August 28, 2014 3 Comments
Skywriters can be very confusing. There are three separate generations of this pen which hardly resemble each other at all.
The first Skywriter was produced in the 1930s when Waterman took over Aiken Lambert and the pen appears under both Waterman and Alco names. The next one has a metal cap and was made in the late 40s and early 50s. The final Skywriter was very similar to the C/F and was launched in 1953.
These were all entry-level pens and the first two were high-quality and excellent value for money. The third one, though not a bad pen, has not proved as durable as its predecessors, and I think it is awareness of this pen that brings the reputation of the earlier versions down in the estimation of collectors.
The first version, an example of which we are dealing with here today, is a beautiful pen in striking Du Pont Pyralin plastic. The pattern is best explained as brown lines over brown and black marbling. The pattern appears to change and shift as the pen is rotated. It is known as Brown Pearl. The clip, which I believe is unique to this pen, is in an elegant At Deco style. The section is visualated to enable the user to see much ink is left. The nib in this version is a slightly stubbish medium with plenty of flexibility.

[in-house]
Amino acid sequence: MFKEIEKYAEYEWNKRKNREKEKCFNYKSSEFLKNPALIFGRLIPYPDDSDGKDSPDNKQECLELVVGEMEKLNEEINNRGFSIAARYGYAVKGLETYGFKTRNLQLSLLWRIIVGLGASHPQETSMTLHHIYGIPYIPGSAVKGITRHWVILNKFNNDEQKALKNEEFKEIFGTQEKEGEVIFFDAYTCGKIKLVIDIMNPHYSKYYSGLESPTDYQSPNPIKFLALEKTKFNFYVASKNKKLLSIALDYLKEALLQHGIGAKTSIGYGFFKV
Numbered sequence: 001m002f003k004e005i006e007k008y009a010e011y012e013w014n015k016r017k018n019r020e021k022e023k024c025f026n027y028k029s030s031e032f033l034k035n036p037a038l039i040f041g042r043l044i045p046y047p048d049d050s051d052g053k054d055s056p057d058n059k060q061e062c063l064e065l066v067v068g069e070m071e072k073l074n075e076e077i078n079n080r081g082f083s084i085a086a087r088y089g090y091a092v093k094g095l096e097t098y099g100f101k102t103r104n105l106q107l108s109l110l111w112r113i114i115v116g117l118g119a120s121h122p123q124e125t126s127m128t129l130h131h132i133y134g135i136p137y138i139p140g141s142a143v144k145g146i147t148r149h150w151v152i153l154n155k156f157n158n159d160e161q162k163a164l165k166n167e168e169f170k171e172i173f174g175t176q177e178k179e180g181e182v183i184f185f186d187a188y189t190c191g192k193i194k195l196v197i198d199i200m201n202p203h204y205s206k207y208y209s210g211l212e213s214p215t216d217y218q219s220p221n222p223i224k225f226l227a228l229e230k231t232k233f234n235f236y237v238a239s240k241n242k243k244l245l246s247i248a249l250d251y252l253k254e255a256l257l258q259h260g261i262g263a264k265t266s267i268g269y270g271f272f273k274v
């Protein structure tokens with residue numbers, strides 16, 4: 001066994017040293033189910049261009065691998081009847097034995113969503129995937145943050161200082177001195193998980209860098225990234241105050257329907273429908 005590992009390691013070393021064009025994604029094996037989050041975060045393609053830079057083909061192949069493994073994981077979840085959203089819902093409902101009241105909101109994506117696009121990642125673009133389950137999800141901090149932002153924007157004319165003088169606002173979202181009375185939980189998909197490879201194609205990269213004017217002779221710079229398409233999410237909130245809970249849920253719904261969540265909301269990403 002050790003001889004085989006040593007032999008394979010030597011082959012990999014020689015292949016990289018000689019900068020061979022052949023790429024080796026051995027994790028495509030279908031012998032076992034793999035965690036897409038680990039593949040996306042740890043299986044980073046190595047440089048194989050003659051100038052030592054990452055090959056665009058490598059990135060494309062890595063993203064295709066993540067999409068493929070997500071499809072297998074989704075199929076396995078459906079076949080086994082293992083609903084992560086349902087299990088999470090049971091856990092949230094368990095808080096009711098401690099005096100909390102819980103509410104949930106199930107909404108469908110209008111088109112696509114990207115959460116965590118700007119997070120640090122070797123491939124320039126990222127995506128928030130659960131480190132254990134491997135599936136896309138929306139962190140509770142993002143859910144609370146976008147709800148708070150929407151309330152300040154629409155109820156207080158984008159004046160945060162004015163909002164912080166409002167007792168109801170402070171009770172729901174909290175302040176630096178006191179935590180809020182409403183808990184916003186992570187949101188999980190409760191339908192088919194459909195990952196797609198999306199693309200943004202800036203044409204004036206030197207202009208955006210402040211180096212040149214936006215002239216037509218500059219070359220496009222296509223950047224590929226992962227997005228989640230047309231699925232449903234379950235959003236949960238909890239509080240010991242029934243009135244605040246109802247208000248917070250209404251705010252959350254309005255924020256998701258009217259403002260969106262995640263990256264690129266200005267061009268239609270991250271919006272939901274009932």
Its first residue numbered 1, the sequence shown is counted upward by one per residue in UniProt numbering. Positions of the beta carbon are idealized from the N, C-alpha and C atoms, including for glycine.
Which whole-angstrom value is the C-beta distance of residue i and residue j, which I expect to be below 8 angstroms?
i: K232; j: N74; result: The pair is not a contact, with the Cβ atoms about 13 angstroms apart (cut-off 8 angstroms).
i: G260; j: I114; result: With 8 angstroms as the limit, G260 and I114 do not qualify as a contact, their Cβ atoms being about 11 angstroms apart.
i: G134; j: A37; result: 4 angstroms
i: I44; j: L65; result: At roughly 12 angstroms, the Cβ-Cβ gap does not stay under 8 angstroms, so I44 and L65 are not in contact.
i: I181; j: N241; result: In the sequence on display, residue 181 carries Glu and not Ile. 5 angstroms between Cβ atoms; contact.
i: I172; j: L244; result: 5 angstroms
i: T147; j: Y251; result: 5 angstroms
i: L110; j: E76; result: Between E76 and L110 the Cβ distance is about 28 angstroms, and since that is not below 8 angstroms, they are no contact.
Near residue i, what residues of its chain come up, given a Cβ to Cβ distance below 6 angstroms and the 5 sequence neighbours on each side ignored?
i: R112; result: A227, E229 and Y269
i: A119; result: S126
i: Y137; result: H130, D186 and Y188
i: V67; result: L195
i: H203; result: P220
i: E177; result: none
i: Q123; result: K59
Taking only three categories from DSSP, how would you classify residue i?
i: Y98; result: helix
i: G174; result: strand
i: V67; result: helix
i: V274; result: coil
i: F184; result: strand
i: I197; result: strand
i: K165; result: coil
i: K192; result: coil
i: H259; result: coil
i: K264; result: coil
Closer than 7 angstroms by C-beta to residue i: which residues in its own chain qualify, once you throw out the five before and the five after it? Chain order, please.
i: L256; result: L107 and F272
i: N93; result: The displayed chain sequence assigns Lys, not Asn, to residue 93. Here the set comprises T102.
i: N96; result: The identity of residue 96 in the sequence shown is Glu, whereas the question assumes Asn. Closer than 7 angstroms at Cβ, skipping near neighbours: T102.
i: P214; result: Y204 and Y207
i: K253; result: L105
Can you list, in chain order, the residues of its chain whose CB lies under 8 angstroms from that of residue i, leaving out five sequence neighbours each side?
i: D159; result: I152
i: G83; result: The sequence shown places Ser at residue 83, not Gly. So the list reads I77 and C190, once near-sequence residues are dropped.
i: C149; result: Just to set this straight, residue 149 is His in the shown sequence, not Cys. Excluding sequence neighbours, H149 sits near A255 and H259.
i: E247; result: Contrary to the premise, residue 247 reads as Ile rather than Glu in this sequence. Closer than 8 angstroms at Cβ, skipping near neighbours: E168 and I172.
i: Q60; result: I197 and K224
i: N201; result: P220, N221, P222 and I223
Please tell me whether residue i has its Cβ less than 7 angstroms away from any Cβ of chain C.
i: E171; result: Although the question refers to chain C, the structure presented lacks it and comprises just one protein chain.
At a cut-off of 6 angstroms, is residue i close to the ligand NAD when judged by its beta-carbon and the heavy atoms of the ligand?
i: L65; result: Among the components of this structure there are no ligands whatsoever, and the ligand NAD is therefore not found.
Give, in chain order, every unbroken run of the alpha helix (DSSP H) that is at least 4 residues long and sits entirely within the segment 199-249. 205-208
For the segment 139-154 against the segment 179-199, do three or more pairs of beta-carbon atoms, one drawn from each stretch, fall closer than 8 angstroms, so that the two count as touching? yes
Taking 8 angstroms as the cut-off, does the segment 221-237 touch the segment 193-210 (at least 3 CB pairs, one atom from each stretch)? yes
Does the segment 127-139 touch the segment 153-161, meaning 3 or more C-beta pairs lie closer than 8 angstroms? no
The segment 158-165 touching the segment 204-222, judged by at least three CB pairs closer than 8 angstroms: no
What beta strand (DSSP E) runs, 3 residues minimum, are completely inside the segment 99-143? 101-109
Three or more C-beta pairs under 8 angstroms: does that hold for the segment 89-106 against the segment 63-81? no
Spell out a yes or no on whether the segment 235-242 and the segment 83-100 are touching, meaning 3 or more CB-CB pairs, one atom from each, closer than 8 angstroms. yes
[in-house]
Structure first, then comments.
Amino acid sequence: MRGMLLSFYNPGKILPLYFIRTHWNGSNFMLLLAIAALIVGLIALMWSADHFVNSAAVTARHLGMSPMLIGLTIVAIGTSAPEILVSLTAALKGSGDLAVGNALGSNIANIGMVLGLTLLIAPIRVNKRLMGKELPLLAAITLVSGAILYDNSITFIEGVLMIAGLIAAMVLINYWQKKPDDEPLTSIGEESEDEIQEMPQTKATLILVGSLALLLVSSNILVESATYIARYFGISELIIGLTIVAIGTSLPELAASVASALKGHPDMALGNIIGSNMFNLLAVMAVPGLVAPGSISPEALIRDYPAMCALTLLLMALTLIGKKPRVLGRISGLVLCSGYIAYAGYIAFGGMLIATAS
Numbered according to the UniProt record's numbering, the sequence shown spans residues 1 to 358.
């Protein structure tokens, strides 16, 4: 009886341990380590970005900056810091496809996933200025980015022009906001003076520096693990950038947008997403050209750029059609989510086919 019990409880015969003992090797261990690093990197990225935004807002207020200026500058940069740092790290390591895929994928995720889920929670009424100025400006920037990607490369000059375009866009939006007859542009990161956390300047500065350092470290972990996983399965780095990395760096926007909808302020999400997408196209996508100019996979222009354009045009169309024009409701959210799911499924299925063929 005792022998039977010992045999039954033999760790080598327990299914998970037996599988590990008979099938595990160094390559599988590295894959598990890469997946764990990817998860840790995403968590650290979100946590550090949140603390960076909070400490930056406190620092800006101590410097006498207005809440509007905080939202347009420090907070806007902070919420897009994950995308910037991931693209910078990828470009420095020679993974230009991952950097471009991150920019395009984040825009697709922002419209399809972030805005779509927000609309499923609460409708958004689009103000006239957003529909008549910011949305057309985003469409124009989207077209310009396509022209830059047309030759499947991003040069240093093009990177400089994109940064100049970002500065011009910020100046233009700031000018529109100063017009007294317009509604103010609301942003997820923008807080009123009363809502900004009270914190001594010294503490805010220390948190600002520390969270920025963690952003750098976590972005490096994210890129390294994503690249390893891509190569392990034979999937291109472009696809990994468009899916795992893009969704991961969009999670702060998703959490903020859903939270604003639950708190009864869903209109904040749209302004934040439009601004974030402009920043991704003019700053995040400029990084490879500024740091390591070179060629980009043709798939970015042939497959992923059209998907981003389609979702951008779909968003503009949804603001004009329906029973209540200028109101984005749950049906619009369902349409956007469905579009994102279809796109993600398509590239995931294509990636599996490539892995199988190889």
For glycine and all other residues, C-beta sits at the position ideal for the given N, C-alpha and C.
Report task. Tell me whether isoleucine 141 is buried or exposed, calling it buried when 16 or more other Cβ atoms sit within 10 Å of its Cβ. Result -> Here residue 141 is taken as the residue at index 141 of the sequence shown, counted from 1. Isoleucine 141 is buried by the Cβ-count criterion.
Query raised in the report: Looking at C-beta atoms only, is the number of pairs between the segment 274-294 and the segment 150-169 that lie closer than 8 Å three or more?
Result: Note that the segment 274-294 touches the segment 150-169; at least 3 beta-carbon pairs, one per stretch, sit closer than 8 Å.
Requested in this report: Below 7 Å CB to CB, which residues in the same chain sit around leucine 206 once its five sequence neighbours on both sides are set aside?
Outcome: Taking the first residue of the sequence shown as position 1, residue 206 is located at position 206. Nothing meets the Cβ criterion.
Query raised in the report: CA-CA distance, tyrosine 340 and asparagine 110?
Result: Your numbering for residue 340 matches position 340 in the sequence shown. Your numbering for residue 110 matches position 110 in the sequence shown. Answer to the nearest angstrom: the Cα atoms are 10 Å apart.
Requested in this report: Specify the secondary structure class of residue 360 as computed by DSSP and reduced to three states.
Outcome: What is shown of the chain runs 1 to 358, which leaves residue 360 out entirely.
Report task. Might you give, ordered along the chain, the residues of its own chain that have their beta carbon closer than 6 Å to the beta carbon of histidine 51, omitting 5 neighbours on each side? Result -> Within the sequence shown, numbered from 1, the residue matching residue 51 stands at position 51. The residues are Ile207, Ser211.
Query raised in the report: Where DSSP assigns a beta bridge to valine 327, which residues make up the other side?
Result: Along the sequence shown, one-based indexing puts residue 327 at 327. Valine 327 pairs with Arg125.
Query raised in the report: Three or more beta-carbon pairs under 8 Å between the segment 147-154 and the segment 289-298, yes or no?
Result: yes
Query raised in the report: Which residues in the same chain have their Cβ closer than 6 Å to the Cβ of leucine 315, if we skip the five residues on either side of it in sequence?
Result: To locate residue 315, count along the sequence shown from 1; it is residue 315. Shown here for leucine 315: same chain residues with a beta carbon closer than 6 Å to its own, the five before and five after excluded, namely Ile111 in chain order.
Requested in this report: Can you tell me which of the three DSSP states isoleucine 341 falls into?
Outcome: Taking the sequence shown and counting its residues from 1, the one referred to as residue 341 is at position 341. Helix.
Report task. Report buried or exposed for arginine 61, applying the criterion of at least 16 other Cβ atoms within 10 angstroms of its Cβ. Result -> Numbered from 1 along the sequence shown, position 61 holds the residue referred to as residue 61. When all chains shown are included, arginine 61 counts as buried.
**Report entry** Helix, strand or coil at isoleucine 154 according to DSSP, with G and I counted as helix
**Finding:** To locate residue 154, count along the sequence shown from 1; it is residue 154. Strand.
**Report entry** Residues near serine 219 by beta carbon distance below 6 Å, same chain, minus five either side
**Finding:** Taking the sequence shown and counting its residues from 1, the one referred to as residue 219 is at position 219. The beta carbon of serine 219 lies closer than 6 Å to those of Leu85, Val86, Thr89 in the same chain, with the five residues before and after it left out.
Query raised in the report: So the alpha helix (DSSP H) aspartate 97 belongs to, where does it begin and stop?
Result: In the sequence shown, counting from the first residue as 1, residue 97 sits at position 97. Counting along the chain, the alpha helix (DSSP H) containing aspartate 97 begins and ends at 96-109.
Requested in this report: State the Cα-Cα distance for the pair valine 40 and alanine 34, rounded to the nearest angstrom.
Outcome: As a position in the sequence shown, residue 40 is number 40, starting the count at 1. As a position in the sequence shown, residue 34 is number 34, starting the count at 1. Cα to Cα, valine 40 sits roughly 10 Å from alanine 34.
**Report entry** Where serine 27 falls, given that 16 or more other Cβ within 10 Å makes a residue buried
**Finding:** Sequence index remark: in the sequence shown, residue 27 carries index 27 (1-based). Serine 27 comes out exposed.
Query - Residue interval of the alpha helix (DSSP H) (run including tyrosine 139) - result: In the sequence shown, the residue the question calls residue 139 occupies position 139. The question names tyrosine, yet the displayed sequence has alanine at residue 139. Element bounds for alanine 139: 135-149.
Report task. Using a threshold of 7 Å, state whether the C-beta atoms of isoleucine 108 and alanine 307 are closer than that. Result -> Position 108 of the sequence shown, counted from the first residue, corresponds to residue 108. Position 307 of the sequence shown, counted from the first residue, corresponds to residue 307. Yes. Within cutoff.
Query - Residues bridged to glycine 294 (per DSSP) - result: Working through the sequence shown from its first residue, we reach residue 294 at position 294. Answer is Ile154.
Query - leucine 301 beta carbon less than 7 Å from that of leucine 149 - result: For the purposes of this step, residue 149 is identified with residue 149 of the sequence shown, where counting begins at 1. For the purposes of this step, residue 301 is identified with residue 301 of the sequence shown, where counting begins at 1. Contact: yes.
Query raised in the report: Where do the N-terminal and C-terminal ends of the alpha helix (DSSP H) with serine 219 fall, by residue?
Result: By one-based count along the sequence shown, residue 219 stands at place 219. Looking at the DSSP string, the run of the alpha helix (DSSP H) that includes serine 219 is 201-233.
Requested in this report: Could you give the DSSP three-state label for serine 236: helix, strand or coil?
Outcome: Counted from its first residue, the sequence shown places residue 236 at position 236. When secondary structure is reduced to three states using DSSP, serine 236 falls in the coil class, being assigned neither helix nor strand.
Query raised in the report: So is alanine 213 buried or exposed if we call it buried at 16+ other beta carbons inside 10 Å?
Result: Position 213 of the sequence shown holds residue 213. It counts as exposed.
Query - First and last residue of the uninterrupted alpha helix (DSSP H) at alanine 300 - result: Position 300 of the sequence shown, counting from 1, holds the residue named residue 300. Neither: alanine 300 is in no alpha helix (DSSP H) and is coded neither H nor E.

The barrel imprint tells us that this pen was made in Canada by the Alco division of Waterman, and in reality this pen is the last creation of the famous Aiken Lambert company. It cost $1.50 when it was new, which is outstanding value for such a high quality pen. This one retains all its gold plating in perfect condition nearly 80 years after it was made. It is a pity that Waterman was unable to maintain this high quality in later years.